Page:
Final Cut Pro X 10.4: Apple’s worldwide debut

“Final Cut Pro X professionals had been waiting to see what the FCPX team has up their sleeves with the next major feature update. Since FCPX 10.3 came out one year ago, we had not seen a feature update, only bug fixes and minor enhancements,” Richard Taylor writes for FCPX.TV. “The attendees of the FCPX Creative Summit in Cupertino got Apple’s worldwide sneak peak at the next major update to FCPX, version 10.4, that will be out sometime later this year.”

“The FCPX Creative Summit is a major once a year USA event that has some of the best FCPX professionals basically showing off FCPX for three days. There are case studies, demonstrations and sessions showing FCPX workflows and techniques,” Taylor writes. “It made perfect sense to highlight a spanking new version of FCPX to the attendees at this event. And Apple did just that. Exclusive worldwide debut of FCPX 10.4.”

“The FCPX team then presented to this select 125+ the non-NDA debut of some new major features of Final Cut Pro 10.4 for an hour or so. Specifically new features such as 360 video tools, a major color overhaul with color wheels and a white balance color picker, native LUT support, HEVC (H.265) and HDR support and a few more items. And I suspect there will be even more features when 10.4 is actually released,” Taylor writes. “During their presentation, Apple referenced their 2 million seats announcement from 6 months ago and said that FCPX now has more seats than any previous version of FCP.”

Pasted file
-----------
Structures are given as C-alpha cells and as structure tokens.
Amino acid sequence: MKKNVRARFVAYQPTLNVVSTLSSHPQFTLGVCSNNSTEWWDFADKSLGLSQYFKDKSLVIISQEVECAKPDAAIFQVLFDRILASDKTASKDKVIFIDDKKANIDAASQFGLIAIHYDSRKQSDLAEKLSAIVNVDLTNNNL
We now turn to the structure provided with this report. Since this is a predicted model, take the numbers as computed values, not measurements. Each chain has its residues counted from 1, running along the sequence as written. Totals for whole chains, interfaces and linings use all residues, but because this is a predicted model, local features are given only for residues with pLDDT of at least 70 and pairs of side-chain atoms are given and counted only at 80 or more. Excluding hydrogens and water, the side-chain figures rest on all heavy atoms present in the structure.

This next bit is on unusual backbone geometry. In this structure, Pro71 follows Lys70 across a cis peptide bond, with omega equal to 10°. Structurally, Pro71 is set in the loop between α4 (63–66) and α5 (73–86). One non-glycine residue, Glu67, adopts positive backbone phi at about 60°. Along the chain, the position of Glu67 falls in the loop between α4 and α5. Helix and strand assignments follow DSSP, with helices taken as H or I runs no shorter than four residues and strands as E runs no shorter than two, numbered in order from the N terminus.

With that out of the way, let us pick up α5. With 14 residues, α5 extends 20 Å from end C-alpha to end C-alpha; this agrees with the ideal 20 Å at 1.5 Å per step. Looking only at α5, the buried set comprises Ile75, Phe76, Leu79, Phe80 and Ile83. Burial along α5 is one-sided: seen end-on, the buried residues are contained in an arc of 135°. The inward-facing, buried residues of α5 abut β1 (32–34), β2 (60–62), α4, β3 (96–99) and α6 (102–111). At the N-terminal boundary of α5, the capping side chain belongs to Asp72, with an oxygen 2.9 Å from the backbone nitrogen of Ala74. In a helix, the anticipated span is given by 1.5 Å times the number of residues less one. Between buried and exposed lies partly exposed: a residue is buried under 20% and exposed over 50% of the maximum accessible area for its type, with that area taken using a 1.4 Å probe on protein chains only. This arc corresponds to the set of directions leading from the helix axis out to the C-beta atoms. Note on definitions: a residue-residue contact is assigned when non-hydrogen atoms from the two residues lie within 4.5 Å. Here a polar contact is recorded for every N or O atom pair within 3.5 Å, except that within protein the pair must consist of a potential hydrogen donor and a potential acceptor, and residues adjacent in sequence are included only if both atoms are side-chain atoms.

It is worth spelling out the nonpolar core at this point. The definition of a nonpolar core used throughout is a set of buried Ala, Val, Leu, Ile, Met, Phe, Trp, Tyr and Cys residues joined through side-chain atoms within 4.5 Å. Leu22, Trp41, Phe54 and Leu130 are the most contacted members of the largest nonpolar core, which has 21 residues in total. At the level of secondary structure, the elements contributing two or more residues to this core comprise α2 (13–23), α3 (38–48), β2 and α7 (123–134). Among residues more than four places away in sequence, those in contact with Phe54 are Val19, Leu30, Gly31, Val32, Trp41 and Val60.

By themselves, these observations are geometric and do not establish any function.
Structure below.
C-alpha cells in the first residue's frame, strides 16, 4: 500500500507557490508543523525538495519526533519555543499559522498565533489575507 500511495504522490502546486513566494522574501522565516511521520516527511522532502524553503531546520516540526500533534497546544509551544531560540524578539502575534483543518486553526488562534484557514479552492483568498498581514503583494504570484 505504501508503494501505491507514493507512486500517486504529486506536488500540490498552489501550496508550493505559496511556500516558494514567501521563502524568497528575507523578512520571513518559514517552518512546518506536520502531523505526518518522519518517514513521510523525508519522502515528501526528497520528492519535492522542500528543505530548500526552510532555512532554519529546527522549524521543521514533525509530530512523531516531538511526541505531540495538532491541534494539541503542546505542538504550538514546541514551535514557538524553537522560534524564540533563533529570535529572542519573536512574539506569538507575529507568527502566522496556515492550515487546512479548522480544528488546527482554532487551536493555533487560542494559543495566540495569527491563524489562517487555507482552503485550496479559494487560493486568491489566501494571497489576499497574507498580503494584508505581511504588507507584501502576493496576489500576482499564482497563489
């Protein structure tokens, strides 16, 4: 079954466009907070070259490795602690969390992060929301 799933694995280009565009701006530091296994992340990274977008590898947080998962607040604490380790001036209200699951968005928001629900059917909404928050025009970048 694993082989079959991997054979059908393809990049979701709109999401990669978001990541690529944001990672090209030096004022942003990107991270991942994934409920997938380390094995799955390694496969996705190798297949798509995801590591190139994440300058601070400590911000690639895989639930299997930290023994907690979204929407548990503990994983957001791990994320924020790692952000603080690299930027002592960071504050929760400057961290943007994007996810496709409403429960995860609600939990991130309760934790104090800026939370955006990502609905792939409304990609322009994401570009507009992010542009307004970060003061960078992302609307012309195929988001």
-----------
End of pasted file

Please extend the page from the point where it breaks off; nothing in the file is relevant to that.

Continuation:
Read more in the full article here.

MacDailyNews Take: Final Cut Pro X is the most successful version ever!

SEE ALSO:
Apple releases Final Cut Pro X 10.3.4 – May 26, 2017
Off the Tracks: Documentary shows how Apple’s Final Cut Pro X is disrupting the post production industry – May 24, 2017
Apple’s Final Cut Pro X hits 2 million users milestone – April 26, 2017
Apple’s Final Cut Pro X product team return to the spotlight after 5 years – December 14, 2016
A week editing with Apple’s new MacBook Pros and Final Cut Pro X – November 21, 2016
Apple releases significant Final Cut Pro X update – October 27, 2016
PC Magazine reviews Apple Final Cut Pro X: Editors’ Choice – June 15, 2016
The BBC adopts Apple’s Final Cut Pro X – September 4, 2014
Happy 3rd Birthday, Final Cut Pro X – June 20, 2014
Pushing Apple’s new Mac Pro and Final Cut Pro X to the limit (with video) – March 21, 2014
The first 24 hours with Apple’s new Mac Pro and Final Cut Pro X 10.1 (with video) – December 20, 2013
Apple aims to win over video editors with new Final Cut Pro X marketing push – March 28, 2013
Ultimate Mac: Building the Final Cut Pro X dream machine – November 9, 2012
Final Cut Pro X gets significant update with new features and RED camera support – October 23, 2012
PC Magazine reviews Apple’s Final Cut Pro X 10.0.3: Editors’ Choice for high-end video editing – February 7, 2012
Apple significantly updates Final Cut Pro X – January 31, 2012
Editor Walter Murch is feeling better about Final Cut Pro X – November 8, 2011
Apple releases major Final Cut Pro X update; debuts free 30-day full version trial – September 20, 2011
Film editor: Apple’s Final Cut Pro X is flexible, powerful, incredibly innovative software – September 12, 2011
IT Enquirer reviews Apple’s Final Cut Pro X: Very much a professional’s tool – July 8, 2011
Former Avid employee on Final Cut Pro X: Only Apple seems capable of pushing boundaries – July 5, 2011